Newcastle fan who suffered cardiac arrest at Tottenham match 'fully alert and walking about' as family release statement
THE NEWCASTLE supporter who suffered a cardiac arrest against Tottenham is now ‘fully alert and walking about’.
Alan George Smith, 80, was rushed to hospital after falling ill in the stands as the Premier League clash against Spurs came to a halt.
The club released a statement on Sunday night to say the fan was stable and responsive in hospital after the scare.
Smith was firstly taken to the Royal Victoria Infirmary (RVI) in Newcastle before being moved for specialist care at the Freeman Hospital.
Now his family have provided an update on his condition and say he is ‘making great progress’ in his recovery.
Mr Smith’s son, Paul, said: “We are pleased to advise that Alan is making great progress, is now fully alert and is up and walking about.
“He will remain in hospital over the next few days while further tests are carried out.
“He and our family would like to say thank you to his friend, Don Williamson, who was with him at the time and alerted everyone to his condition.
“We would also like to thank and pay tribute to the doctors and nurses who administered CPR, the paramedics from North East Ambulance Service, St John’s Ambulance, fans and stewards at the scene, as well the medical staff at the RVI and Freeman Hospital. We will be forever grateful.”
Paul added: “We would also like to say thank you to all of the people who have wished Alan well on social media and the players and staff of both Newcastle United and Tottenham Hotspur, especially Jamaal Lascelles who has sent a personal message. It meant so much to Alan.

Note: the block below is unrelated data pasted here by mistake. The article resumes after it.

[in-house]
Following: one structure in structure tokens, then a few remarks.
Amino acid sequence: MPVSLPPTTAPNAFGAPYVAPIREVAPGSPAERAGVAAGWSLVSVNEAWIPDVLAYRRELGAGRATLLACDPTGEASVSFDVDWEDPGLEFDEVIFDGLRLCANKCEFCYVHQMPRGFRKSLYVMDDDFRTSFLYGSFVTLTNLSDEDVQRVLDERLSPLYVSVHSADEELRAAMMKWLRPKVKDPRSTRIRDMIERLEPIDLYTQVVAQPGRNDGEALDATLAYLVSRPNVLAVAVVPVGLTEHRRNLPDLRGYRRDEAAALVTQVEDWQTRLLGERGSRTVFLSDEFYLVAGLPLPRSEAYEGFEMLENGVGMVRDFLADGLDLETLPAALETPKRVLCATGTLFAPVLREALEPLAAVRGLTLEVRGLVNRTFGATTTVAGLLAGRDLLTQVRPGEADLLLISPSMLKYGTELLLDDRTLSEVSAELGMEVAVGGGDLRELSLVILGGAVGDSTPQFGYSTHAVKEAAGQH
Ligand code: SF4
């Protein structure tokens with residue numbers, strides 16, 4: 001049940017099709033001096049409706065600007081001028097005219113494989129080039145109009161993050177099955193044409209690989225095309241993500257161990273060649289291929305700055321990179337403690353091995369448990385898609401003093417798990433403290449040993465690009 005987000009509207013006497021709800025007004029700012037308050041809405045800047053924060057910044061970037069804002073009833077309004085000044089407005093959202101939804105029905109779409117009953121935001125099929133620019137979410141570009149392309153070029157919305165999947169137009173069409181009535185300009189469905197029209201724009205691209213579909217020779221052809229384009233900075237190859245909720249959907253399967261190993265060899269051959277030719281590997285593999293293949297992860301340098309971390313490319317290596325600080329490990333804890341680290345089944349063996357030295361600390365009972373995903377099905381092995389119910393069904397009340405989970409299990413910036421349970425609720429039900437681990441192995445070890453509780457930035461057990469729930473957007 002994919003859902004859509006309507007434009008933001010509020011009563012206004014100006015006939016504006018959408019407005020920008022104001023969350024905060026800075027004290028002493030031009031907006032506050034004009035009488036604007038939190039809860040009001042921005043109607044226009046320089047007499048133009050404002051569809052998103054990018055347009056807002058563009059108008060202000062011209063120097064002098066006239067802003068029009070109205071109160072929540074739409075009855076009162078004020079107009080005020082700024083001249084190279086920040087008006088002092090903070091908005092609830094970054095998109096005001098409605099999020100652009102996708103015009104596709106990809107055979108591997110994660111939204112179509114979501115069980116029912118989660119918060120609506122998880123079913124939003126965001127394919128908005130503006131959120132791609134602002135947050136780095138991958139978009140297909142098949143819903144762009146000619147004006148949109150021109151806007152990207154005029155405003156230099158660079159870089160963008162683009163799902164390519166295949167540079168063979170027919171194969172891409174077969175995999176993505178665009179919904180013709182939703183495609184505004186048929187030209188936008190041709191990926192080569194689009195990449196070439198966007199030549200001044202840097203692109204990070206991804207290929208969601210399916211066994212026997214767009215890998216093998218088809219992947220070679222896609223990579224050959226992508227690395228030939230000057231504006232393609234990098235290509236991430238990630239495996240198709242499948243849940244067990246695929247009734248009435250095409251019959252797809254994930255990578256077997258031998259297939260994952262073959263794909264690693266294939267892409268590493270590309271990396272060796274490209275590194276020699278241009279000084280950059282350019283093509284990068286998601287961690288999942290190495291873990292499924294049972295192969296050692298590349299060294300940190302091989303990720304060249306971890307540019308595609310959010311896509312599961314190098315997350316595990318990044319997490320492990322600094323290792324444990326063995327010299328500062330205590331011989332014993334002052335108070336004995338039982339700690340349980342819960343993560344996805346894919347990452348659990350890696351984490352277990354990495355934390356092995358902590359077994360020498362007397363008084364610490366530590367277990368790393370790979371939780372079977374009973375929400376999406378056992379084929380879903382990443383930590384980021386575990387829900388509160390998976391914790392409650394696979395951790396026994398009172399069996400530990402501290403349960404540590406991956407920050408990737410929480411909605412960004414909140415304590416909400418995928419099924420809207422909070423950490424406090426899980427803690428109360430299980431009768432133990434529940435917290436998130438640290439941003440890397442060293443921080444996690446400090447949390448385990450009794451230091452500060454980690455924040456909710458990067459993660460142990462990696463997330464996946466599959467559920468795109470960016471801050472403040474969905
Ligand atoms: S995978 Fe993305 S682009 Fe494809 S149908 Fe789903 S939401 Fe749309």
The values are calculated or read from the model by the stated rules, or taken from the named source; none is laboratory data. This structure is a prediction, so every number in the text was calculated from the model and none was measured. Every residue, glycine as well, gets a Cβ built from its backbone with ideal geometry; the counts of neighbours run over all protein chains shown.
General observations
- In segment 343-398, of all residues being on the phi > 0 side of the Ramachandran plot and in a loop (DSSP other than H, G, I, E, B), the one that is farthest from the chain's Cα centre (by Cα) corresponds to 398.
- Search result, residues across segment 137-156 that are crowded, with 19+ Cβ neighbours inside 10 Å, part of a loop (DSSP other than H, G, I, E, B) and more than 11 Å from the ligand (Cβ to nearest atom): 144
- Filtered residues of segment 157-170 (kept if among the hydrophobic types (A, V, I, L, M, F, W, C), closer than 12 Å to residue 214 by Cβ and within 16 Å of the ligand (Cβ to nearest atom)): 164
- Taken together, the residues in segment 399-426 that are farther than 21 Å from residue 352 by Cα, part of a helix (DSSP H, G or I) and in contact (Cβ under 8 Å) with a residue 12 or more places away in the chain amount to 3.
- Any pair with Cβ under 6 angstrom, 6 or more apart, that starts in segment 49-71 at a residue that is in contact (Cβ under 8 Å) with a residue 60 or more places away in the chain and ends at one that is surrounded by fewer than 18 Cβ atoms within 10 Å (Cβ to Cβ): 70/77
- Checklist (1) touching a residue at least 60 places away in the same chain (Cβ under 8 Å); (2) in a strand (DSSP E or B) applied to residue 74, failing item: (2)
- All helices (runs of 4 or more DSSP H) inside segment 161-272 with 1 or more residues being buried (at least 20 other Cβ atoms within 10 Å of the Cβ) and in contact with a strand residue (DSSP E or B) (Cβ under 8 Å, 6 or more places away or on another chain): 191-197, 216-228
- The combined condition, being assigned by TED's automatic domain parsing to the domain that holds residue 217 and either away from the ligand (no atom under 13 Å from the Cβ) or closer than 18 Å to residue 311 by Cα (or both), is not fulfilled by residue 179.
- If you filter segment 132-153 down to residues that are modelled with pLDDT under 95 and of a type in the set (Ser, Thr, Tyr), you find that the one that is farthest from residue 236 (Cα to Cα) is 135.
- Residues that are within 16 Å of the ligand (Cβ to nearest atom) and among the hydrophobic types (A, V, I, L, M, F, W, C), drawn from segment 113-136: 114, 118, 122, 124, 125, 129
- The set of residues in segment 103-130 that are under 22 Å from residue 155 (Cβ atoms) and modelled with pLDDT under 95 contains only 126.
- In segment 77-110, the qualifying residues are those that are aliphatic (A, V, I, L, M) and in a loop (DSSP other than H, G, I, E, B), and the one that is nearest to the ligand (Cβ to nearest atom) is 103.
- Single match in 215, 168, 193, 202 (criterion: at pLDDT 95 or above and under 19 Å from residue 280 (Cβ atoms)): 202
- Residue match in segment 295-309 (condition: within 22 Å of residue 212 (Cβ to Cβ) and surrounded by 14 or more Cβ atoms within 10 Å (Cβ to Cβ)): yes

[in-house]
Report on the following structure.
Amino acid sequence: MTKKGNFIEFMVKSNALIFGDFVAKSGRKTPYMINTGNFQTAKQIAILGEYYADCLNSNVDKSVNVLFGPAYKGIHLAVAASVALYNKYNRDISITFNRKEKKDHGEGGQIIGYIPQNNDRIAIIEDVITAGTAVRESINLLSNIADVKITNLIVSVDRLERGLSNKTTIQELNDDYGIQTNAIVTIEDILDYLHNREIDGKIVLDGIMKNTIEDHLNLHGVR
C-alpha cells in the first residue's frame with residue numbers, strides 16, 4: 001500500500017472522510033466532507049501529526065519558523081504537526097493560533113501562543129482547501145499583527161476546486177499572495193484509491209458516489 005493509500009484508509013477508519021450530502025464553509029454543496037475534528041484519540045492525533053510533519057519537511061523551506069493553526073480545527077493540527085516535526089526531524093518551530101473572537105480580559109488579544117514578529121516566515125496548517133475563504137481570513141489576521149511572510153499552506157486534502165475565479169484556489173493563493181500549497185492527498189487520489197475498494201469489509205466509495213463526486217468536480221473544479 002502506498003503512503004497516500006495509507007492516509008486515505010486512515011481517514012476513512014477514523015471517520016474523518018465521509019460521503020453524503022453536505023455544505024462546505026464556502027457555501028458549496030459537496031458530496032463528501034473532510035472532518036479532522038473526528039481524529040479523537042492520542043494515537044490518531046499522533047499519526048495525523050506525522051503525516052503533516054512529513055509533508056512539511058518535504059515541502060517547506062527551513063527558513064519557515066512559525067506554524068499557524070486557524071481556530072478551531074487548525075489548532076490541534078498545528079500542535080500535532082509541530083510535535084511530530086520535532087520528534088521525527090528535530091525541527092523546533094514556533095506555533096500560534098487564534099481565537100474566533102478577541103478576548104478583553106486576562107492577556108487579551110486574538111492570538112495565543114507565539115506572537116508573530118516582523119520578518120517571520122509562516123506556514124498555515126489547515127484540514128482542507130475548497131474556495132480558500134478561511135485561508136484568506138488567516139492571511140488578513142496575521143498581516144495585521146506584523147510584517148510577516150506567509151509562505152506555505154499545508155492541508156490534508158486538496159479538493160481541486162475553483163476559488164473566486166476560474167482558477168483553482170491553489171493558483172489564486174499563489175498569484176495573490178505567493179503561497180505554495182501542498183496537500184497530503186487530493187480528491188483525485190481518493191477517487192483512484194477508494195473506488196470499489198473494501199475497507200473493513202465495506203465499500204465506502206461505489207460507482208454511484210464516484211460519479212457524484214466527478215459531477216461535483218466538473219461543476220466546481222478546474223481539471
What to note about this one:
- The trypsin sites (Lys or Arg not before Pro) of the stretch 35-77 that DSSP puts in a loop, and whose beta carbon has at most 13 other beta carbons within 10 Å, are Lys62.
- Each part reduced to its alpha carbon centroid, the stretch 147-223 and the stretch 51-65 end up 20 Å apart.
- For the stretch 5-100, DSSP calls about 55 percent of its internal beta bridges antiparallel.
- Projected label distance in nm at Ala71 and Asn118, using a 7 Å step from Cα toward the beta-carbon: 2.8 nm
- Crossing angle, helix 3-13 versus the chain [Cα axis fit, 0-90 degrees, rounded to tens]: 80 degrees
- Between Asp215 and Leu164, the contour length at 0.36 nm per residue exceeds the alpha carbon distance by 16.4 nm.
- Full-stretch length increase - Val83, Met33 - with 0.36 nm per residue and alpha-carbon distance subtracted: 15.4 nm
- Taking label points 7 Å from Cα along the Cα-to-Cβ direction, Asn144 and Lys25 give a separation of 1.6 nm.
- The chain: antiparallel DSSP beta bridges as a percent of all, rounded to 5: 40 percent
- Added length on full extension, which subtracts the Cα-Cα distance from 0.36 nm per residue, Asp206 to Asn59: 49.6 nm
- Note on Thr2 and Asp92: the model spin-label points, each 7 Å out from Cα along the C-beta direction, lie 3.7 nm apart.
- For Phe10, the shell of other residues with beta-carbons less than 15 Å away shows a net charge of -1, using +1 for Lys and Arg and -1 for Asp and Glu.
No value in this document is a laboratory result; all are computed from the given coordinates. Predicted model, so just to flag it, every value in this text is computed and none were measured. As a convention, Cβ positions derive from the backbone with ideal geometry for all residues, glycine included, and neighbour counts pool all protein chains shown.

“He is looking forward to getting back to St. James’ Park as soon as possible.”
Dr Tom Pritchard was sat 30 rows away in the Gallowgate end and rushed to help by performing CPR before Newcastle club doctor Paul Catterson joined in the effort to resuscitate the supporter.
Dr Pritchard – who was given a standing ovation upon returning to his seat – appeared on BBC Breakfast earlier this week to share his experiences.
The junior doctor from University Hospital of North Tees said: “It’s something you see at work fairly often, but I haven’t really had this outside of the hospital before.
“There was an elderly gentleman laid out on the seats in cardiac arrest, and CPR ongoing.
“Luckily, St Johns were fairly quick, got the pads on quickly. Took over CPR.
“Another friend, Matty, who sits next to me came over as well, and we gave the guy a shock through the defibrillator.
“He was quite fortunate, as well, as very quickly an intensive care doctor arrived, a cardiologist arrived, and we were able to bring him back again.”
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